Native arterial tissue was stained as a comparison for determining the extent to which vascular smooth muscle cells were removed from the tissue by the decellularization treatment. Protocols A and B do not effectively decellularize the arterial tissue, as blue-stained nuclei appeared in the H&E-stained sections much the same as they appeared in the native tissue section. Protocol C is the only protocol of the three that effectively decellularizes the tissue, and mechanical data was not included in the analysis if the histological samples showed incomplete decellularization.

Native vascular smooth muscle cell density was 4600 cells/mm2; for Protocol A, 4500 cells/mm2, for Protocol B, 3800 cells/mm2, and no cells were detected after treatment with Protocol C.

3.2. Mechanical Testing Result

For comparison between the exponential Mooney-Rivlin, Ogden, and Martins models and the general form of the Yeoh model, curve fits are plotted against representative experimental data for a longitudinal strip sample loaded in tension up to a stretch ratio of 1.50 (Figure 4).

620503.fig.004
Figure 4: Experimental data plotted against curve fits to nonlinear material models.

Paired data sets were fit to the Yeoh material model (Figures 5 and 6). Data for and for each protocol, including mean, -value, and standard deviation (SD) are presented in Tables 1 and 2. Incremental modulus values, which scale with the parameter of the modified Yeoh curve fit equation, are evaluated at and are included in the extended data tables: Tables 3, 4, and 5. Past studies have identified the axial in vivo stretch ratio to be between and [49, 50].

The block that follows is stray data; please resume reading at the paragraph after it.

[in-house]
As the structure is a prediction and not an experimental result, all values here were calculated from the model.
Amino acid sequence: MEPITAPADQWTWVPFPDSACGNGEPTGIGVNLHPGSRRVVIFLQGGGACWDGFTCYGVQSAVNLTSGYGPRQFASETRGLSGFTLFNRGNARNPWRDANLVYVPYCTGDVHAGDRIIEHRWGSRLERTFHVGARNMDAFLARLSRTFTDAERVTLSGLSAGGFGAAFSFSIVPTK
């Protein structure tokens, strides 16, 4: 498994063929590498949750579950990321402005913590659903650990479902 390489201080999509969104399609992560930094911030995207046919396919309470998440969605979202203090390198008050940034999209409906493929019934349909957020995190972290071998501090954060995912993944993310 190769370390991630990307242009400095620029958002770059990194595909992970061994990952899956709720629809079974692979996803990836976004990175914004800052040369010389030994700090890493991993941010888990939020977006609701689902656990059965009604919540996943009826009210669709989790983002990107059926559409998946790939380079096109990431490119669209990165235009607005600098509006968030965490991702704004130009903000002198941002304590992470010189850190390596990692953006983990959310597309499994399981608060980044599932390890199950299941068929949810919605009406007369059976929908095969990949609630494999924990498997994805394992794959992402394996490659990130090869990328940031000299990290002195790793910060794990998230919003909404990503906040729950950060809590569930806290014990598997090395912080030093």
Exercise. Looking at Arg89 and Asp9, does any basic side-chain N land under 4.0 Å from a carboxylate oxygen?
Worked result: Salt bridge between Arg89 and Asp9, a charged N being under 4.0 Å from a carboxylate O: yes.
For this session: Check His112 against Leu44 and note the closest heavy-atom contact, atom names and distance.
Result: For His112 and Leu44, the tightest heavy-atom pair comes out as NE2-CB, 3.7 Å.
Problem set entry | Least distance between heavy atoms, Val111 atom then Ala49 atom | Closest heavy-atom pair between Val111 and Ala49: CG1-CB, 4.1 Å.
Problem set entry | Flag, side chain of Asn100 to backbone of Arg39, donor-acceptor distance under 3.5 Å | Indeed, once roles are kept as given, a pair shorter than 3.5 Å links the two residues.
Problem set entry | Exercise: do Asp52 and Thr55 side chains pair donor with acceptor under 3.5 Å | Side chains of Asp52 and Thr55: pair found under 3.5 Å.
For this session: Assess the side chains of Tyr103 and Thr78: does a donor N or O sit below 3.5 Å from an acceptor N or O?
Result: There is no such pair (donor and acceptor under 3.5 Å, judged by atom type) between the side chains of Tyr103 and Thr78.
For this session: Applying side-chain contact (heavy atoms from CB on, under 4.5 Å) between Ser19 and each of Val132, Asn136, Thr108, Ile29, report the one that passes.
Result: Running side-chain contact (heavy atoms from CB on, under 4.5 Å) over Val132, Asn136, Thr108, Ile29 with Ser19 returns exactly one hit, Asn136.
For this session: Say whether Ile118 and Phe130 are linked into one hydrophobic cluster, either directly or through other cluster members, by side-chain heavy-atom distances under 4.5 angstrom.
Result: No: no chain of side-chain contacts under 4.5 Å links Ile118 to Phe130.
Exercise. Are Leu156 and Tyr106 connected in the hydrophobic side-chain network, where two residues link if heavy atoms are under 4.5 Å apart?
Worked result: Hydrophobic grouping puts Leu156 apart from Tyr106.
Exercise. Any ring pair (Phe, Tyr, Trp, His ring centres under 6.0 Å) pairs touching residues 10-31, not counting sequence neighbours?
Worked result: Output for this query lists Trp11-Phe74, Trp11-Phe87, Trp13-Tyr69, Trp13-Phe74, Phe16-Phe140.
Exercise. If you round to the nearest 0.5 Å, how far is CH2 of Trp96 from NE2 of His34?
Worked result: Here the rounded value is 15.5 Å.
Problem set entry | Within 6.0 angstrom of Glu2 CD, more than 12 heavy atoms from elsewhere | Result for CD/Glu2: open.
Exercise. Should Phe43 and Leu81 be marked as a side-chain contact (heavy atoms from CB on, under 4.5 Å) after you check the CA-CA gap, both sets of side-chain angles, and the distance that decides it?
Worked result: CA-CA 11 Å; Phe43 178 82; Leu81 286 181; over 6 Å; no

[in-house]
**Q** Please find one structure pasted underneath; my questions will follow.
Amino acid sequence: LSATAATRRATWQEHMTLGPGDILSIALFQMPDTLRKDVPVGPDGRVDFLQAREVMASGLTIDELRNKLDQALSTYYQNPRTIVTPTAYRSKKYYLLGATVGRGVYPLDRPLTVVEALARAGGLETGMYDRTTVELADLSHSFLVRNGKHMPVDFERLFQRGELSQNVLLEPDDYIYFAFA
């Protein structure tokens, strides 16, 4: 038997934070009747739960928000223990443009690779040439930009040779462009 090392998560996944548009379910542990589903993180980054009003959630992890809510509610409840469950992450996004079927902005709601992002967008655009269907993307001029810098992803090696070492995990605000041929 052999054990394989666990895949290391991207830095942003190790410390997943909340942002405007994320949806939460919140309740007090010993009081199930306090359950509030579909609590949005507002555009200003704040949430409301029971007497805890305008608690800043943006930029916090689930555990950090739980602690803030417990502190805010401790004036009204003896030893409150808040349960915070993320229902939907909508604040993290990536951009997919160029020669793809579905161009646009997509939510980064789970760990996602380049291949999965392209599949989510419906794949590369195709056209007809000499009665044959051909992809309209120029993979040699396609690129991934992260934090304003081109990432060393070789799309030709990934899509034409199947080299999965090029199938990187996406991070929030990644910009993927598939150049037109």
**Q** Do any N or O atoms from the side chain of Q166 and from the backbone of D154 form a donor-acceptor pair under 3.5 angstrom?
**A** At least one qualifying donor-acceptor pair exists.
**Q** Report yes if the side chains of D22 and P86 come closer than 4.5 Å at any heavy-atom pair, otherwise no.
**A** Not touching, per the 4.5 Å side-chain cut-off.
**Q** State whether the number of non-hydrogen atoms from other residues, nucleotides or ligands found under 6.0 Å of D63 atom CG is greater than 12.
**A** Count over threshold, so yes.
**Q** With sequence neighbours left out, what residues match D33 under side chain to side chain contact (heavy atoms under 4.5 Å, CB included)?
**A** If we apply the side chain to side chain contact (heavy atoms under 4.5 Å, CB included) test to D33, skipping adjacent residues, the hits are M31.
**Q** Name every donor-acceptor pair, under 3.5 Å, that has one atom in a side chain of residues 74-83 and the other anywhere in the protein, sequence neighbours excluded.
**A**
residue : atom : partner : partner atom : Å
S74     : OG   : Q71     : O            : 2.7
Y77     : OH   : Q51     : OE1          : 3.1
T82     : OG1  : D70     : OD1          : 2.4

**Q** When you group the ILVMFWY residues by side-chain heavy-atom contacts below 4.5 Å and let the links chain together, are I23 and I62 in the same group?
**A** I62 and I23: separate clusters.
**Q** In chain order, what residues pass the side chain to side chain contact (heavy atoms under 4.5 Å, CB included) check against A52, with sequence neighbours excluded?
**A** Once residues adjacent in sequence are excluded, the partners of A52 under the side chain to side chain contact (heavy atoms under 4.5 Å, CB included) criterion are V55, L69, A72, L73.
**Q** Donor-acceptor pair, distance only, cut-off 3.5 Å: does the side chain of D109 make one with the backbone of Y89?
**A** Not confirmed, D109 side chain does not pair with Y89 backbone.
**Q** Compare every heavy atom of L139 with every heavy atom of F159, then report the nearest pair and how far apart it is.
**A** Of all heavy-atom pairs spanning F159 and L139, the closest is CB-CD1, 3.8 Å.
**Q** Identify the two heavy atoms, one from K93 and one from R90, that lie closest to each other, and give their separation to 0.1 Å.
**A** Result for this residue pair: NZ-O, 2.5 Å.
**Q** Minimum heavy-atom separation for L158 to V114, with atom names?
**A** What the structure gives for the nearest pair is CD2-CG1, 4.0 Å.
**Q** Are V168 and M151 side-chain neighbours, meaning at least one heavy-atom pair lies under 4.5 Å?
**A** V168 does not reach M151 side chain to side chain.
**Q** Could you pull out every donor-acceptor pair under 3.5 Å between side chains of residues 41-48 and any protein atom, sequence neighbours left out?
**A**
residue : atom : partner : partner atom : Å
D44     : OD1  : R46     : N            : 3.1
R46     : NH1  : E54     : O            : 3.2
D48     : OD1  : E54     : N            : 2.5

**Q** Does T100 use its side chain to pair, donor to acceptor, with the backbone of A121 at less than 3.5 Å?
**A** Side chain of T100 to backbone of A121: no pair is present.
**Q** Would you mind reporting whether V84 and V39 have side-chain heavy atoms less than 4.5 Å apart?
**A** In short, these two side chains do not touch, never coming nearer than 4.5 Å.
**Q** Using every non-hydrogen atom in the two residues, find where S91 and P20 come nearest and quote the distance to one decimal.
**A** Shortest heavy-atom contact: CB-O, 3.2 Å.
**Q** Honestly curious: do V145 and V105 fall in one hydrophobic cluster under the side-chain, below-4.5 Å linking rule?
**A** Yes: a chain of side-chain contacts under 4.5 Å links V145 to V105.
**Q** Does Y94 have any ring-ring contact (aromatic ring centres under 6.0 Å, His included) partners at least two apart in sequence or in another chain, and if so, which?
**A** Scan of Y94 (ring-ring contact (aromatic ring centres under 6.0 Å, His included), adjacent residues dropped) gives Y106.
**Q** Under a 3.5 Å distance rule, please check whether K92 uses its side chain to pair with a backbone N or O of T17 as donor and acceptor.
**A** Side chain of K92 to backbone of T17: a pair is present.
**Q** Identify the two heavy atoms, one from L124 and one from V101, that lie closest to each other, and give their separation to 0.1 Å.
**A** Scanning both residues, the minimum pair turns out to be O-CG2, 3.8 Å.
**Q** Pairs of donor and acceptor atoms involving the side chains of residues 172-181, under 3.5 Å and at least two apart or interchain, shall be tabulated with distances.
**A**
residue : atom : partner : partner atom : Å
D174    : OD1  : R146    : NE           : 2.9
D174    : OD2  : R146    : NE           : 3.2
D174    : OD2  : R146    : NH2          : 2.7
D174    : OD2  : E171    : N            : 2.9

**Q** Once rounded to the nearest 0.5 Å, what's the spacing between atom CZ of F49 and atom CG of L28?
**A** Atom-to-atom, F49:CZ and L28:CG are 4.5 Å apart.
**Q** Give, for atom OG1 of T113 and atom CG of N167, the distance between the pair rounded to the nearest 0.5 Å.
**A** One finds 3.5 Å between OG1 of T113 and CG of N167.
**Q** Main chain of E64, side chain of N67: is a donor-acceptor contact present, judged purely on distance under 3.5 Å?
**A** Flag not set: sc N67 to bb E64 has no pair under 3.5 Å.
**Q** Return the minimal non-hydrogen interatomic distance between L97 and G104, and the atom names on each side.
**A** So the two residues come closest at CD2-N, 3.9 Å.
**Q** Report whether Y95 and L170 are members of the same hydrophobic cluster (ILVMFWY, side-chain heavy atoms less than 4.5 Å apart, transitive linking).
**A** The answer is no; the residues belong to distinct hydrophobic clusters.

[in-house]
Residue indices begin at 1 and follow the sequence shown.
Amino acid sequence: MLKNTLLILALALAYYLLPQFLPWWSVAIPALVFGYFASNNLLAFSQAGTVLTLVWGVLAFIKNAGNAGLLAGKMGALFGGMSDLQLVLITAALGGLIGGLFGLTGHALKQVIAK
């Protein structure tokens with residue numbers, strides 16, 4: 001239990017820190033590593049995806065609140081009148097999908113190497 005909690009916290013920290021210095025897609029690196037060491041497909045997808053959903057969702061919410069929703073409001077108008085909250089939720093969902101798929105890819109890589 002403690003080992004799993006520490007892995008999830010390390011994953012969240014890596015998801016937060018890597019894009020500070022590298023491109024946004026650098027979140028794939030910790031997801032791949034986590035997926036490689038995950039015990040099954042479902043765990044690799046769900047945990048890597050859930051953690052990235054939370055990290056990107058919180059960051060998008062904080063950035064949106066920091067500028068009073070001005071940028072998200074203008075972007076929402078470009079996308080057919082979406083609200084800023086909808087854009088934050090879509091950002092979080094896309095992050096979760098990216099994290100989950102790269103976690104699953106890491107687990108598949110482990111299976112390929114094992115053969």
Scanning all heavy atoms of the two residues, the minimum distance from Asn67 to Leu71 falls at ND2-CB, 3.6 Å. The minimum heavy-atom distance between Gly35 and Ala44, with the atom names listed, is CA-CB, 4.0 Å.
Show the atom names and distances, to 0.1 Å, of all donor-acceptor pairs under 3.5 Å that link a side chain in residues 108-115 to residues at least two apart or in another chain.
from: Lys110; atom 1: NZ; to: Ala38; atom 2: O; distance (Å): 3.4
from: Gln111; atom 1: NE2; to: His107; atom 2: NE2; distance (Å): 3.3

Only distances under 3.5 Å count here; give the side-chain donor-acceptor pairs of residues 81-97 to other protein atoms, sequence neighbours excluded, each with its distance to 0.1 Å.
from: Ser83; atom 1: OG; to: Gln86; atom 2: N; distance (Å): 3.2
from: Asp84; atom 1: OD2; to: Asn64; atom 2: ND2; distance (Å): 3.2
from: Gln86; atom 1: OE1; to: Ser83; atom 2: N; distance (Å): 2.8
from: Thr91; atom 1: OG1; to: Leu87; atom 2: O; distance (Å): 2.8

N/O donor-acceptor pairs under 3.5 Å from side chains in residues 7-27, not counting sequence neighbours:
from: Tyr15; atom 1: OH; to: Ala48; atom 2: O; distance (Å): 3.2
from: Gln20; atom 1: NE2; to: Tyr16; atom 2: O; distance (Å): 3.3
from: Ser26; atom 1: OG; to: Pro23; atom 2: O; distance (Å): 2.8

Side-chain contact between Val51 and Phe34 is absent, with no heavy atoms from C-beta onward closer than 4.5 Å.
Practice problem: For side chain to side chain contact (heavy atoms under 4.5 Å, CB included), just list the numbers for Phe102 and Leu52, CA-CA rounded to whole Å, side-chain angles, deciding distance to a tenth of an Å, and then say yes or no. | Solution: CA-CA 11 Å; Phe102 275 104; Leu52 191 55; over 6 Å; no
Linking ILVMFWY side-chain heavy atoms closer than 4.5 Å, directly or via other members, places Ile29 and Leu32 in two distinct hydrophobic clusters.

tab2
Table 2: Comparison of statistics for among decellularization protocols. Italics indicate statistical significance . Values shown as percentages.
tab3
Table 3: Comparison of statistics for among decellularization protocols. Italics indicate statistical significance . Values shown as percentages.
tab4
Table 4: Extended data for Protocol A.
tab5
Table 5: Extended data for Protocol B.
tab6
Table 6: Extended data for Protocol C.
620503.fig.005
Figure 5: A representative plot of a paired data set and corresponding curve fits (4th load curve).
620503.fig.006
Figure 6: Typical final experimental load curves for native and acellular samples across all decellularization protocols tested.

For parameter , Protocol A exhibits a very wide confidence interval which envelopes the upper and lower confidence limits of Protocol C. Protocol B exhibits a wider confidence interval than Protocol C . Protocol C has the narrowest confidence interval of the three protocols, and changes are not considered statistically significant.

For parameter , Protocol A and Protocol B do not show statistical significance, but both protocols exhibit significantly wider confidence limits than Protocol C . Even if Protocol C produces statistically different results , the tissue’s “hyperelastic” behavior changes more predictably in contrast to the effects of other protocols.

4. Discussion